Photos Of Sunday’s Rare Hybrid Solar Eclipse

Total solar eclipse photographed by Finnish photographer Janne Pyykkö, who traveled to Gulu, Uganda. He befriended a local university student there named Irene who holds two plates of oranges in this photo taken during totality. Click the photo to check out Janne’s blog for more information (use Google Translate). Credit: Janne Pyykkö (

I hope everyone who was able got a shot at seeing today’s rare hybrid solar eclipse. Since so many of us lived so far from the eclipse path, I’ve gathered a few images of this spectacular celestial event for your viewing pleasure.

A thin crescent of sunlight remains seconds before the sun enters totality earlier today Nov. 3 seen from Sibiloi National Park in Kenya. Credit: Noor Khamis/Reuters

If you have pictures you’d like to add, please e-mail at; I’d be happy to post them. The next solar eclipse widely visible across the U.S. and Canada will happen on Oct. 23, 2014. The BIG ONE, a total solar eclipse that slices directly across the mid-section of the U.S. occurs on Aug. 21, 2017.

The horns of the solar crescent poke through clouds in New York during this morning’s hybrid solar eclipse. Credit: Ben Berry/AP
The partially eclipsed sun through clouds in Lagos, Nigeria. Credit: Akintunde Akinleye/Reuters
Turkana men dance and sing during the eclipse at Sibiloi National Park in Kenya during the eclipse. Credit: Noor Khamis/Reuters
A bird flies across the partially eclipsed sun in Sidon, Lebanon on November 3, 2013. Credit: Abdel-Halim Shahaby/Reuters
A partially eclipsed sun is seen from Juba, South Sudan earlier today. A partial eclipse was visible from eastern North America, southern Europe, the Middle East, Africa and western Iran. Totality fell along a narrow pass crossing the Atlantic Ocean and central Africa. (Goran Tomasevic/Reuters)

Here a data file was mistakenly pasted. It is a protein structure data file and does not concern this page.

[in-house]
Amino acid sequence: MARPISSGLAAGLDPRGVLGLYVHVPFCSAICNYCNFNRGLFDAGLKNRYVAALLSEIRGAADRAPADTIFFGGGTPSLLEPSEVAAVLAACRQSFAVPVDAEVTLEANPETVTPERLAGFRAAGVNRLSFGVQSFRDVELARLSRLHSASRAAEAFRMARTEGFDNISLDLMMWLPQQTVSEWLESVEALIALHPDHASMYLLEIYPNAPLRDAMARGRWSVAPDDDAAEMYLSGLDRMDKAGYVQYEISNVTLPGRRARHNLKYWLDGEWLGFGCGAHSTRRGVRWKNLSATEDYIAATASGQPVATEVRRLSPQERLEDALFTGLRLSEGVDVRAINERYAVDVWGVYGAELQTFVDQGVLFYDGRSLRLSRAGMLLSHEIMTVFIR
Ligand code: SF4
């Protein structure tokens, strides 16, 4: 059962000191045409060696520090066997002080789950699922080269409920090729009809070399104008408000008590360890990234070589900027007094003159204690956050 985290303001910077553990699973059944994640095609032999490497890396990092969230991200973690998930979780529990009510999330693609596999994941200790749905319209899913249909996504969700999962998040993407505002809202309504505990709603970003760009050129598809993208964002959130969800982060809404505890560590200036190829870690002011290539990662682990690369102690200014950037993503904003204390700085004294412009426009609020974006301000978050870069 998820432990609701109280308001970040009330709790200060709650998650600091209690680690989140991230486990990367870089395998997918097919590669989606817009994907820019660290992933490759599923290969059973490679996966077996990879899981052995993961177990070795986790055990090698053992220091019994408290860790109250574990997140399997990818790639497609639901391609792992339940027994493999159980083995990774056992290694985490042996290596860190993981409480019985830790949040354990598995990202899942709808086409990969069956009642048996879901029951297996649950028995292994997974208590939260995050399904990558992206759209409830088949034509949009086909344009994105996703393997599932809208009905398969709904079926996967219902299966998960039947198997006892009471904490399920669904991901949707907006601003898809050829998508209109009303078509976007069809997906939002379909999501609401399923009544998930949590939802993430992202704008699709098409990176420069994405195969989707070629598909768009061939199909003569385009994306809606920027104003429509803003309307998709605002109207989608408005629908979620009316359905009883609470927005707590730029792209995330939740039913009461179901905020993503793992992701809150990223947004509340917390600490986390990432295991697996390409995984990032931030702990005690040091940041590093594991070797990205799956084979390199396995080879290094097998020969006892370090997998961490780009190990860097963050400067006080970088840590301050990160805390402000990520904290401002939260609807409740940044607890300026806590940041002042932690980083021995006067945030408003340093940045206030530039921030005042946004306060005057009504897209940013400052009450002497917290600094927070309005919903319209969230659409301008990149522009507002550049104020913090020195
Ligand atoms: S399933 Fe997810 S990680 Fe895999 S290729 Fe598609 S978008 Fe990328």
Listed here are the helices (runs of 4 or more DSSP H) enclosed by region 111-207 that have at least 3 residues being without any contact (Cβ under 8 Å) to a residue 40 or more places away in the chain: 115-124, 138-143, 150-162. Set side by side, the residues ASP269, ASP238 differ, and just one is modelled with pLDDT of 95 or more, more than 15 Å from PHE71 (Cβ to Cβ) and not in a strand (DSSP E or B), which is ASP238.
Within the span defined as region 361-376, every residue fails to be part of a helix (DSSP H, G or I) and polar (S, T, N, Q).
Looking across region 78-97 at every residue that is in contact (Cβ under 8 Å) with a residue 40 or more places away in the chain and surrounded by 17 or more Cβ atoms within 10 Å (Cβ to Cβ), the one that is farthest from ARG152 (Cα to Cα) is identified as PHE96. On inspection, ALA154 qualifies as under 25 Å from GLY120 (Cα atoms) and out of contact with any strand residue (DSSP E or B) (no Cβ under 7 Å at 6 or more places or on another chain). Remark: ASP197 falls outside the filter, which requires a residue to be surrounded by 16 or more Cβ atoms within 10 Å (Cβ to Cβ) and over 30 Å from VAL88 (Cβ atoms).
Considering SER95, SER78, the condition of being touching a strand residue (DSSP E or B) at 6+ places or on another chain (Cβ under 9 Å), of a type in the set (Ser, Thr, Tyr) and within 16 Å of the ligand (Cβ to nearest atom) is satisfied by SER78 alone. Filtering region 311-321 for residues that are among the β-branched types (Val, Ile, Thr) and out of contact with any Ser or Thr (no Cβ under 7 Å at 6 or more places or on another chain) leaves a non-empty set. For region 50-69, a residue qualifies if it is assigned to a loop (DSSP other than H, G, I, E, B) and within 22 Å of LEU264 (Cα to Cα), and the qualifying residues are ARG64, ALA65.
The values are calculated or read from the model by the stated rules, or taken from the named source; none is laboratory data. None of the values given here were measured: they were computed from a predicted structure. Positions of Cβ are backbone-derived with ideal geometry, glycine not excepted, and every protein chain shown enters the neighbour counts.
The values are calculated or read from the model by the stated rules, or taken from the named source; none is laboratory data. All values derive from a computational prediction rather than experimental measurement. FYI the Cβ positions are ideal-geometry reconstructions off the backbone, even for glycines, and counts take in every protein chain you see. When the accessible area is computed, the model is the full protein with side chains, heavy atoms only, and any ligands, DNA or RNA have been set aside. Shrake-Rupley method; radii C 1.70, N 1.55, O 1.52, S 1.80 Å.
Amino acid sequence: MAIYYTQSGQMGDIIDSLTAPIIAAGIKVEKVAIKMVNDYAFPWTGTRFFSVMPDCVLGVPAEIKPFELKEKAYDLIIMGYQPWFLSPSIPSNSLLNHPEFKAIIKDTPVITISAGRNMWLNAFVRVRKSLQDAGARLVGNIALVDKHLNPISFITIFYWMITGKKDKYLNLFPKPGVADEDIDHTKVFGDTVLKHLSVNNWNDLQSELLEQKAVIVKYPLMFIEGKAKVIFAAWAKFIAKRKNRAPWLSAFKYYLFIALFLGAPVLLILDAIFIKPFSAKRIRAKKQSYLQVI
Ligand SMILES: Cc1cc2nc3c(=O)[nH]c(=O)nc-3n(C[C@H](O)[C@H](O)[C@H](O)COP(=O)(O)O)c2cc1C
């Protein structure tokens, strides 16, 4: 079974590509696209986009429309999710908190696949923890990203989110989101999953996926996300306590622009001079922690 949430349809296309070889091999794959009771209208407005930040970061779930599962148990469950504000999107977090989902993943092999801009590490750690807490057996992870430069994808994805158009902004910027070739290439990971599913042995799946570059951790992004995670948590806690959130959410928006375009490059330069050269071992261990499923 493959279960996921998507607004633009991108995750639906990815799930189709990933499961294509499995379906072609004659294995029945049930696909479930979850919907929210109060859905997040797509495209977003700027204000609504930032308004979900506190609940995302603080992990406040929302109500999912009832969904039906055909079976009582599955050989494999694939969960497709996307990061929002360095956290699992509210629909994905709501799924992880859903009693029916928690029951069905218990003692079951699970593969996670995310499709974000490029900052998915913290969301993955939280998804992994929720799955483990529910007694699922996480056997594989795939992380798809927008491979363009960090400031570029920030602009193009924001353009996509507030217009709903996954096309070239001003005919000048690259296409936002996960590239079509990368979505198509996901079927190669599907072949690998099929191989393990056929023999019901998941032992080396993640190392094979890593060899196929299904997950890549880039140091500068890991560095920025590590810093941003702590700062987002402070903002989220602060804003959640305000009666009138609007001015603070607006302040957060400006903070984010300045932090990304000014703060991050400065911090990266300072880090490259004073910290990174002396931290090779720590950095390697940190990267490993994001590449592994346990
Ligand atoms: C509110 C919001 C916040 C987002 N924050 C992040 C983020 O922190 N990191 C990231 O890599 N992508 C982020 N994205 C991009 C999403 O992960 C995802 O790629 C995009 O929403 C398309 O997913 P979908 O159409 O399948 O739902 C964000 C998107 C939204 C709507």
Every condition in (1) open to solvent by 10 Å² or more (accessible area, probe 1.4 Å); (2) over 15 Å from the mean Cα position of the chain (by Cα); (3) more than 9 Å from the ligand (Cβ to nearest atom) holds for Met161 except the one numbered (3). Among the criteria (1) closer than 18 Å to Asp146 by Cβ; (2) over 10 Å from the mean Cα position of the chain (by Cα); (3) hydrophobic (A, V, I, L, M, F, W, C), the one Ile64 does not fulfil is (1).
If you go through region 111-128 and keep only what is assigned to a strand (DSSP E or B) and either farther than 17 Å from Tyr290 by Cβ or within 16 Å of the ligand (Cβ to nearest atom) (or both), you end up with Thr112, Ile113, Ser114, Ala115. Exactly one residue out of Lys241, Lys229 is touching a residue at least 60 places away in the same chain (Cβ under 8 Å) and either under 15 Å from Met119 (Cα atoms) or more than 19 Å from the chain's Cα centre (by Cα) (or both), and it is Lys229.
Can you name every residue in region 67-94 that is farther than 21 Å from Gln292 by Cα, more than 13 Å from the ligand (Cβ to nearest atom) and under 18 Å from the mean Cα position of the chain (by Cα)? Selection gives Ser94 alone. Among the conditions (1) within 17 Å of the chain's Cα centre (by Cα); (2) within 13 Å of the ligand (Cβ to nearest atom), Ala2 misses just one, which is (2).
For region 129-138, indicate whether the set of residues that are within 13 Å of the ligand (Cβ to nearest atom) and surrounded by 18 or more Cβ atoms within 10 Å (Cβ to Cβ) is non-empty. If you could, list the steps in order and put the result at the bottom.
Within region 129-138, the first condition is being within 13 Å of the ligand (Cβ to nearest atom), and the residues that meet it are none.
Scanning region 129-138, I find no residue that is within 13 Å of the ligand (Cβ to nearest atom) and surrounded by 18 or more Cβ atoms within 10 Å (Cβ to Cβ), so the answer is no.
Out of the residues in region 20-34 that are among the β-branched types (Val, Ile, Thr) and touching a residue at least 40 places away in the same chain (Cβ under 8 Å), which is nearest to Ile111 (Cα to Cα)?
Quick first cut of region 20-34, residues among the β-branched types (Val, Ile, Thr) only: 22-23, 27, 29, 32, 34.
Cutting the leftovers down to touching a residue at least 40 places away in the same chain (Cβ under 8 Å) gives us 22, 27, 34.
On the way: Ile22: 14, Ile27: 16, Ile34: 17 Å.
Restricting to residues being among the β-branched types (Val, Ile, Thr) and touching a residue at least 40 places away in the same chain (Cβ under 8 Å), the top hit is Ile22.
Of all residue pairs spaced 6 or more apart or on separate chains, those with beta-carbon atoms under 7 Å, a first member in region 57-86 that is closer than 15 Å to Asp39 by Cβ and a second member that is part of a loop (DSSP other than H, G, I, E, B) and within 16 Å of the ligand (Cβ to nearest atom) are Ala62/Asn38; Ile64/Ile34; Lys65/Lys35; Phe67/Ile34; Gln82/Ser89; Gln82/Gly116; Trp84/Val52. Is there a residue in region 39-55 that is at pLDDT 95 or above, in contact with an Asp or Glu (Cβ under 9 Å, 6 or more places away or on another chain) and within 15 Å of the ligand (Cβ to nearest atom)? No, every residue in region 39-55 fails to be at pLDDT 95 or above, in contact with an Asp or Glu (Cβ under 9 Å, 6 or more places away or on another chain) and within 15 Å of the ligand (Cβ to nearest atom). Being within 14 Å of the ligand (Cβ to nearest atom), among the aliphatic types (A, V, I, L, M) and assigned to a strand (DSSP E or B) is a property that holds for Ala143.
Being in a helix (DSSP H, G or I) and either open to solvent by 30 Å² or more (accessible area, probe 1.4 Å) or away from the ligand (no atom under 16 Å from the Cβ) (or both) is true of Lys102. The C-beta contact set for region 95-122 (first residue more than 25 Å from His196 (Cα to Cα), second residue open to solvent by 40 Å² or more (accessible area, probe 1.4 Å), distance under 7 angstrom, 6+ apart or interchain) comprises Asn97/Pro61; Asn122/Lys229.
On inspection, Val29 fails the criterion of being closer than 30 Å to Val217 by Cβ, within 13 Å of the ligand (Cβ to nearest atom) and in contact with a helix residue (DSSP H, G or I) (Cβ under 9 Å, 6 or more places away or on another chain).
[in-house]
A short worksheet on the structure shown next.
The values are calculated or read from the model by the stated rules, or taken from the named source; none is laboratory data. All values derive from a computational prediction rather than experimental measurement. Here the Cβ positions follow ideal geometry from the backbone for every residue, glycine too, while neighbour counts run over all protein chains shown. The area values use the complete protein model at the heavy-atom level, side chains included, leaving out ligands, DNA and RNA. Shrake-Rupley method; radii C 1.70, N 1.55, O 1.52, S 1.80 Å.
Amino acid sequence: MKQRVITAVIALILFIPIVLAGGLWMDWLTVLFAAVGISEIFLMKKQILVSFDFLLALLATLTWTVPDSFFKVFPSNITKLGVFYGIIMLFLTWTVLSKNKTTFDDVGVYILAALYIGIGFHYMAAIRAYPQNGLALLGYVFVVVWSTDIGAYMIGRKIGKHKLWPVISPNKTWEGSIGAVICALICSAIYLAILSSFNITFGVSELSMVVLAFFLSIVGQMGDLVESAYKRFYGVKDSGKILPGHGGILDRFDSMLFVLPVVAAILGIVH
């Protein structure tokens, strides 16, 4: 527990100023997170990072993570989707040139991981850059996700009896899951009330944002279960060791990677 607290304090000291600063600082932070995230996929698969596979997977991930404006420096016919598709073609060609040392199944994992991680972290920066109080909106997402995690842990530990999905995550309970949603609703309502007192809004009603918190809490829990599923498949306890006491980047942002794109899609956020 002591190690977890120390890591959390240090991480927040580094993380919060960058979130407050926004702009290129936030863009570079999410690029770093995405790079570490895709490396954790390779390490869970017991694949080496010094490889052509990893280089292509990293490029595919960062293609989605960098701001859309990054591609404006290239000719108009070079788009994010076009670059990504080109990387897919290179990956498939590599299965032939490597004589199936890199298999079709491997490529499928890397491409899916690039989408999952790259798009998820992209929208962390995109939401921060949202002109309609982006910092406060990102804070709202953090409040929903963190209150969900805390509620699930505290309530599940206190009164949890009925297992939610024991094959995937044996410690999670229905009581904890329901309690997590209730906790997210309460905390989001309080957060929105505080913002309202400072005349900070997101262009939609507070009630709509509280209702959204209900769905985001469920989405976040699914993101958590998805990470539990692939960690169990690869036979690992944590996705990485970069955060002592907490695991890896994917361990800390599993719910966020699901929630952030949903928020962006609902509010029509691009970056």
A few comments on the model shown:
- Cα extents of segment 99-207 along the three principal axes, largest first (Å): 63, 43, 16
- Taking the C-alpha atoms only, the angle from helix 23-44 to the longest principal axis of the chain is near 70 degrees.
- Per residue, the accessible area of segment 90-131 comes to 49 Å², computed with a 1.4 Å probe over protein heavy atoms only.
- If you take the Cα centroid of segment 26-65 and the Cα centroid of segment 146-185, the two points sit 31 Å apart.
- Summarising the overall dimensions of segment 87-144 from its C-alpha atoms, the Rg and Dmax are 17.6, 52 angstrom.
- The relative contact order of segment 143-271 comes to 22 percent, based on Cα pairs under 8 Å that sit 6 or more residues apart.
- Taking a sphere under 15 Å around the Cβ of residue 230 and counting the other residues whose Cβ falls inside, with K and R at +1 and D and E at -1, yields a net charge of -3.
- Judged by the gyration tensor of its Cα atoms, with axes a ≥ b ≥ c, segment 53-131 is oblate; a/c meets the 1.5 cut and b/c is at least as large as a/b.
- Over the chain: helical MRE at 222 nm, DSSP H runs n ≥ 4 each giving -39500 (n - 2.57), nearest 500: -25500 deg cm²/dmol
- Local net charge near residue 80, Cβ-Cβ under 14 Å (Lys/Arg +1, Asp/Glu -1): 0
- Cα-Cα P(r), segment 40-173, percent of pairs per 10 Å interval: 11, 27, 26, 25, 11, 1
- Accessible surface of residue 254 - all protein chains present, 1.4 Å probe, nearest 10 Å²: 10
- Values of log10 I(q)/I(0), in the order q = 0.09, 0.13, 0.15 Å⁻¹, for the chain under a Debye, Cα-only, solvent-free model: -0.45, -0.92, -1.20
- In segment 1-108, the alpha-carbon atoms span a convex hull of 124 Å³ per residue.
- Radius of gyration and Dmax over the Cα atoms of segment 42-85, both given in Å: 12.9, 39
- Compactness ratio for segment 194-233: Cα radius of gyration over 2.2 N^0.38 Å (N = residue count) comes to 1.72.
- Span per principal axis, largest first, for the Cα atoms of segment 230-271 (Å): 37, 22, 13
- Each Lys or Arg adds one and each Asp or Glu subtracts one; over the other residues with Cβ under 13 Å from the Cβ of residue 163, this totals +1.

Several sunspot groups are visible in this photo of the eclipse taken from Israel. Credit: Ariel Shalit/AP
Women observe the solar eclipse in Amman, Jordan Sunday. Credit: Muhammad Hamed/Reuters
Eclipse from the Cape Verde Islands off the west coast of Africa. Credit: Victor Pinheiro

2 Responses

  1. Edward M. Boll

    I wish that I had gone east yesterday to see the eclipse. Oh, well we only have to wait till next October. It may be hard to get the general public fired up about ISON. Although, I expect a stunning magnitude at the moment of perihelion. In fact one web site suggested that it could brighten 8 magnitudes in the last 24 hours. The fact is at this rate, the comet will only under good circumstances be brighter than magnitude 4.5 for about 19 days. And after perihelion at best, the 4.5 magnitude comet could only be seen at most 59 minutes before sunrise. Lovejoy on the other hand at a possible 4.5 magnitude in early December could be observed much longer.

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